DOUBTLESS the euphoria that greeted England’s penalty triumph over a Latin side schooled in the dark arts will have raised expectations beyond the wildest dreams of Gareth Southgate and, indeed, the nation. When England embarked on this “journey” (everyone is on a journey these days), a place in the quarter-finals would have been seen as “job done” by a squad relatively inexperienced in “tournament management”, but the way the draw has evolved gives them hope of becoming an unlikely success story.

A better side than England would have had Colombia dead and buried long before the added-time equaliser that sent the tie into a tedious 30-minute period that was a good advertisement for “straight to penalties”. There’s something very 1990 about this England campaign, a team extracting a lot from their resources, a down-to-earth manager and a striker on form (for Lineker read Kane). As in 1990, momentum is building.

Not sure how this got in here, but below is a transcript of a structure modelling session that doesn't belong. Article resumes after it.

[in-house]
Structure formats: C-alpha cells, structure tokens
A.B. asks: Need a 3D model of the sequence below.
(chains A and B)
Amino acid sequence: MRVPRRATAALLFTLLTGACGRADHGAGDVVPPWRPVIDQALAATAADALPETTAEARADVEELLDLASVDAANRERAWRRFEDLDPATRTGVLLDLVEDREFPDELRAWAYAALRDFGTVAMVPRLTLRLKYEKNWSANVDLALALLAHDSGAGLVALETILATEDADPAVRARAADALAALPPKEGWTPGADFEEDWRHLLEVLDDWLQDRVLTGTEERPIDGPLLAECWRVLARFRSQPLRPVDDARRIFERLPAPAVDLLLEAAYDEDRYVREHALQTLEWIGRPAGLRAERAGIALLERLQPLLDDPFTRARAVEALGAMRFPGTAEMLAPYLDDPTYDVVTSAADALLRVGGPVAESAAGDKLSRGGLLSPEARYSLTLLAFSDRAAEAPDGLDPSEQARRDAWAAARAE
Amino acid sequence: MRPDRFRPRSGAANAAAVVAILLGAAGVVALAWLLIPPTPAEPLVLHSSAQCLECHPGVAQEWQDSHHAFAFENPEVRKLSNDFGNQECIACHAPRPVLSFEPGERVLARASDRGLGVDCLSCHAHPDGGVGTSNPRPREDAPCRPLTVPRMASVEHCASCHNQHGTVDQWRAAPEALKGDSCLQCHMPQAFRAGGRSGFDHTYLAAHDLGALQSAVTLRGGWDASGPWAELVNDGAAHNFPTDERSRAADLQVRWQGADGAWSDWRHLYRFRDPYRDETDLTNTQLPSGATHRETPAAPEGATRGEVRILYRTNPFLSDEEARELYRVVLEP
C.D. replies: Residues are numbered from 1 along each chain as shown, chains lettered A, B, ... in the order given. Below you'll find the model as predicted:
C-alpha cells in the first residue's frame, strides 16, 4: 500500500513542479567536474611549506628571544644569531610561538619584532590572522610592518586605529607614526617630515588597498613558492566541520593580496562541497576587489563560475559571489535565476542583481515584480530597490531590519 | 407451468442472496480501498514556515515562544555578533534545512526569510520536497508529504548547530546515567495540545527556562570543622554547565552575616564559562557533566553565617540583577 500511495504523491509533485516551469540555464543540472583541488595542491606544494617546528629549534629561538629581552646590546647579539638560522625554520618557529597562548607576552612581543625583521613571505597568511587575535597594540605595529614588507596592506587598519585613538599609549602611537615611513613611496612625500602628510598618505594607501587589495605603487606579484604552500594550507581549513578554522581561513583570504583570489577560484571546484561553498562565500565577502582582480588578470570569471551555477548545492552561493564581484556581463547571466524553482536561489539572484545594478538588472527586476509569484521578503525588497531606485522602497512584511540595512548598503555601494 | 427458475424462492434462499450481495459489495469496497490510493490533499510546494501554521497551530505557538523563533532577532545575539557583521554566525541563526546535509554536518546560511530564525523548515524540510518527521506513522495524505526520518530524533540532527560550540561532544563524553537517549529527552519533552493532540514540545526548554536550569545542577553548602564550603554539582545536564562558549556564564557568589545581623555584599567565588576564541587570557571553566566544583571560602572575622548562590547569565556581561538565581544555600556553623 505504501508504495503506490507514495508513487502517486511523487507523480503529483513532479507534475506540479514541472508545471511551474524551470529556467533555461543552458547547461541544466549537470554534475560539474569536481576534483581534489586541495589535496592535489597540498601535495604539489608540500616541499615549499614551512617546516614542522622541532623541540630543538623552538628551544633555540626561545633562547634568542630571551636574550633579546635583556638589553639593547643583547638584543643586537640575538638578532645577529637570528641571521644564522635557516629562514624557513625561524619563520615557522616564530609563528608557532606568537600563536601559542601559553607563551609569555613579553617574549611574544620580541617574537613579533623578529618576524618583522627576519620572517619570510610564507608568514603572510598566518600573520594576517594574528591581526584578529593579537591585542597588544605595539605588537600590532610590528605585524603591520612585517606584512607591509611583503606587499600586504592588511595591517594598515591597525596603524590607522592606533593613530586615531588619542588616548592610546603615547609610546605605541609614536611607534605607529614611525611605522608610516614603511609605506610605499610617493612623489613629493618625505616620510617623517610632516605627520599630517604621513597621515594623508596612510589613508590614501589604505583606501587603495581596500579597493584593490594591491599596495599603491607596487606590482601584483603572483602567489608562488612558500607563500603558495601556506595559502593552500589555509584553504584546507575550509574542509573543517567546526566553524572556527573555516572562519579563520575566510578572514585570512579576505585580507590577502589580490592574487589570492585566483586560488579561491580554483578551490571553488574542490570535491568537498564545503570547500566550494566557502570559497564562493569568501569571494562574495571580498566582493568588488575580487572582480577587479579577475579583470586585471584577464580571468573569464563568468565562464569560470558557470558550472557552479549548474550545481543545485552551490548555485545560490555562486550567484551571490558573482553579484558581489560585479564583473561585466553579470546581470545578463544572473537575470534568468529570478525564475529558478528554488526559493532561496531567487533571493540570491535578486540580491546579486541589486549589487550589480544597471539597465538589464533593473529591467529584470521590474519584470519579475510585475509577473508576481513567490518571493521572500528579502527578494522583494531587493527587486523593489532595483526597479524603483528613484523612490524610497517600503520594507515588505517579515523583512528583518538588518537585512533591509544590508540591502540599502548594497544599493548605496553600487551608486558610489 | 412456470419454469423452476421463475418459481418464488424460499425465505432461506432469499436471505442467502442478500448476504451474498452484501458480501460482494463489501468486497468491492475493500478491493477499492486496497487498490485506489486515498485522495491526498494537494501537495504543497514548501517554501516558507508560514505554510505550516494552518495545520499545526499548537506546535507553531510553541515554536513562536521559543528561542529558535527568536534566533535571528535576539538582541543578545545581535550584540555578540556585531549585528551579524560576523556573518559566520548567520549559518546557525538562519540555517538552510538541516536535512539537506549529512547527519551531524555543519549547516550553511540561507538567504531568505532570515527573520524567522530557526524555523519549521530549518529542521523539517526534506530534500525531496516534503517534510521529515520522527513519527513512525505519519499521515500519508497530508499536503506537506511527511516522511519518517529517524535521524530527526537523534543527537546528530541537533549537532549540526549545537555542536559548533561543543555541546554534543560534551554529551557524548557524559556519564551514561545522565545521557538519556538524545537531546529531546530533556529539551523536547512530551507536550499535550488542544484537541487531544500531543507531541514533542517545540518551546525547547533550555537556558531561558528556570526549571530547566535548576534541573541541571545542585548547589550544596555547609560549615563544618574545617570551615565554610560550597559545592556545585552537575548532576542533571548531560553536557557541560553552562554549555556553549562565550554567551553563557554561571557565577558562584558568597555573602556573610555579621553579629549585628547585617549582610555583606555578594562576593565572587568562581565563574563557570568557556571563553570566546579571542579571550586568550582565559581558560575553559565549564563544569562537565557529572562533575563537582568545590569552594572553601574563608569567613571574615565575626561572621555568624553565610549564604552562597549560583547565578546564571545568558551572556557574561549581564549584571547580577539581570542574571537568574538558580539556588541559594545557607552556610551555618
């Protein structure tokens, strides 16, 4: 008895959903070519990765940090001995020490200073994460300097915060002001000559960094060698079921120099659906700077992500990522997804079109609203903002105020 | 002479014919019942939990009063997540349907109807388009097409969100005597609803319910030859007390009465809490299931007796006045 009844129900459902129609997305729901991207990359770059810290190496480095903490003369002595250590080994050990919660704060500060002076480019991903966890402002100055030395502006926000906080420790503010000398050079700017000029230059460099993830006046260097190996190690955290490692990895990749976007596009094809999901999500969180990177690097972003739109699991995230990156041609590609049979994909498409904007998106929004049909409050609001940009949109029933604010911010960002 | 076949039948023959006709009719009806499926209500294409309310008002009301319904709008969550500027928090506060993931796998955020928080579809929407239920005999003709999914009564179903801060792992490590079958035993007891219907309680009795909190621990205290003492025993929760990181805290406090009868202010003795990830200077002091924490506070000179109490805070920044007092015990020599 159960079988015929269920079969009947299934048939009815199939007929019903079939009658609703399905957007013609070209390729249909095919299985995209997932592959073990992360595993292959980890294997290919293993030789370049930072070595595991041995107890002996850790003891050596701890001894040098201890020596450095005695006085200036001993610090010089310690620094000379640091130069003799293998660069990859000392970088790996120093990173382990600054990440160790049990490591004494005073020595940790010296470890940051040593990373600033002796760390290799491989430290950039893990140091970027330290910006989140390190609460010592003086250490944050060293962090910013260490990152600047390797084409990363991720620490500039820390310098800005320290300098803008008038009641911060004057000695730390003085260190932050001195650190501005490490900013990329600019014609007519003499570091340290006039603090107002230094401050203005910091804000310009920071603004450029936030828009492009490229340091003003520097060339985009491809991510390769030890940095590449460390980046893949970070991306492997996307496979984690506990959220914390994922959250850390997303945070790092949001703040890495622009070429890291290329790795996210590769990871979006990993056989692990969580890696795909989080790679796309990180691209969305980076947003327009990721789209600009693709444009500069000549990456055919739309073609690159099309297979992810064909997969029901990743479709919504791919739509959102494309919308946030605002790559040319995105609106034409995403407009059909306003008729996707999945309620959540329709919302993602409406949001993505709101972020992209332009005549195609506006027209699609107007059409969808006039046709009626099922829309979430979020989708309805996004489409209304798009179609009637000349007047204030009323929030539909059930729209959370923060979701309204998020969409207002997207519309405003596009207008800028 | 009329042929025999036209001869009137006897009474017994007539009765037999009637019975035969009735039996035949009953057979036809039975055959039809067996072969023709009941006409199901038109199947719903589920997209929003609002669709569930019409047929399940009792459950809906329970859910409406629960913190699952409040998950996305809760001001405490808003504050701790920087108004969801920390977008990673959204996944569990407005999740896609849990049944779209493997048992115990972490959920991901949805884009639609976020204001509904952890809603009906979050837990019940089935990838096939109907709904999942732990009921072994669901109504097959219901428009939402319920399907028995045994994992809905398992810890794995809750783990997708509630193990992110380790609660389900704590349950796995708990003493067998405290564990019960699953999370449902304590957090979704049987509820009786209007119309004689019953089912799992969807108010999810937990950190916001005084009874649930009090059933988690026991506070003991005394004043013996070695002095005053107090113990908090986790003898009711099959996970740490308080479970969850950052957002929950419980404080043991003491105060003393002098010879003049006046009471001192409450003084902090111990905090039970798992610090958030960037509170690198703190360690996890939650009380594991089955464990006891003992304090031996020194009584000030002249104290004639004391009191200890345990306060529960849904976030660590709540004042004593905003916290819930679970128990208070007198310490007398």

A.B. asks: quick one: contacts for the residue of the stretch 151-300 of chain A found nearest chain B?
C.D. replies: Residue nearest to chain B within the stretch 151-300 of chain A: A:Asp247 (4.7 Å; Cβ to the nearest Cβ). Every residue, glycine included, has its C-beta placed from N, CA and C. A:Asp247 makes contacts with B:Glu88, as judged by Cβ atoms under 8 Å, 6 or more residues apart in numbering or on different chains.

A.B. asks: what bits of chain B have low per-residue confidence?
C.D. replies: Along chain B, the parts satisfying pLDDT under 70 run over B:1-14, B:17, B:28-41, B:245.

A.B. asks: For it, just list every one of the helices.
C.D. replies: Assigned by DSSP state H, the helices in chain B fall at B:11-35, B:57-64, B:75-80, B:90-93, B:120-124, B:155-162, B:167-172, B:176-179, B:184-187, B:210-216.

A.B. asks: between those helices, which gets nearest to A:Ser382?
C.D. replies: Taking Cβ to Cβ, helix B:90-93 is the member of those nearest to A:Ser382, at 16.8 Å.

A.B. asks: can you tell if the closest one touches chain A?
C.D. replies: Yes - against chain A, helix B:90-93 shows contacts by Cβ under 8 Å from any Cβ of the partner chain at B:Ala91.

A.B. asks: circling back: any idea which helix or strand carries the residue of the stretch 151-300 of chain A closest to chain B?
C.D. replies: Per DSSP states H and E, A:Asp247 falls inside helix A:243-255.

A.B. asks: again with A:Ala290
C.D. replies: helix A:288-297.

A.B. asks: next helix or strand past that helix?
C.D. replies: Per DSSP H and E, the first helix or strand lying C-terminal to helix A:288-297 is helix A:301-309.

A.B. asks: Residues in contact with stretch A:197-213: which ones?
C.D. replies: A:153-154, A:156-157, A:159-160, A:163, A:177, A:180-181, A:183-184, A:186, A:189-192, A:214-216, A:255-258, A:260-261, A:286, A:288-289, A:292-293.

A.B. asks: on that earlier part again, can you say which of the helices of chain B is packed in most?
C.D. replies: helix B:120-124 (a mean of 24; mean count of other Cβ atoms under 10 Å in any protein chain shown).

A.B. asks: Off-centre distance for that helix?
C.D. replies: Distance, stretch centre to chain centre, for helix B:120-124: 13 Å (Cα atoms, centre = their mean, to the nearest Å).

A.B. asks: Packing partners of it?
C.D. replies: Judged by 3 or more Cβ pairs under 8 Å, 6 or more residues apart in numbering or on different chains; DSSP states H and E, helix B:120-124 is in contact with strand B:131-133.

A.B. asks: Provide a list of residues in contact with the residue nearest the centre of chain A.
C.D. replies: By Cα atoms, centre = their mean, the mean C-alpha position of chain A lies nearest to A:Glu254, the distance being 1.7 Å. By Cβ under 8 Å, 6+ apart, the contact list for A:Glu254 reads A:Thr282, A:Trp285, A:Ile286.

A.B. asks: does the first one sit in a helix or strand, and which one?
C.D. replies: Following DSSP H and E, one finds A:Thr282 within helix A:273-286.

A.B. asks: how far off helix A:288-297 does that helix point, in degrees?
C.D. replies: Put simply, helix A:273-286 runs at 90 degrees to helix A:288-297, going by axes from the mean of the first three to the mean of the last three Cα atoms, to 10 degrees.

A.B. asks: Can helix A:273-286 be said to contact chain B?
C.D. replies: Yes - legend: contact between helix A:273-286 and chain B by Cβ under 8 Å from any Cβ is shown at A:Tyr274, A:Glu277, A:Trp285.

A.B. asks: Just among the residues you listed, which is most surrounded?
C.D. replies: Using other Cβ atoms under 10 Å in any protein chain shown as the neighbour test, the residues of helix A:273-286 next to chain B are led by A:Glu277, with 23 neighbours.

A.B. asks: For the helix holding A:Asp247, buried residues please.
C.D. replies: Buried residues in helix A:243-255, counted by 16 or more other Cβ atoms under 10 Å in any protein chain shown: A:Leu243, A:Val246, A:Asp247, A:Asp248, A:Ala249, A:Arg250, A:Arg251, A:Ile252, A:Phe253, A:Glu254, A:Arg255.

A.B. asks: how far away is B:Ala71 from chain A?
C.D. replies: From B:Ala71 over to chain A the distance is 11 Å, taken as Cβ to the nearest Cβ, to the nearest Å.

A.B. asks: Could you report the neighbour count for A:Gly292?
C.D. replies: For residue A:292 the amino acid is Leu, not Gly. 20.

By beating Colombia, England successfully confronted one of their hang-ups, the penalty shoot-out. A relief for the country and something very Stuart Pearce for Gareth Southgate. The heartbroken defender of 1996 cannot redeem himself on the field, but at least his charges can bury the hoodoo. The pitfall for England now is not taking Sweden seriously enough. If they can overcome a notoriously difficult Scandi-noir team, England could beg, steal and borrow their way to the final.

The fact is, though, Sweden, Croatia and Russia could quite easily all do the same. Russia may be one of the least equipped of all host nations, but such is the shape of this interesting World Cup that they could, just maybe, make their way to a July 15 climax against Belgium, France, Uruguay or Brazil. There, in the impressive Luzhniki Stadium, the dream will surely be extinguished for any finalist from England’s half of the draw.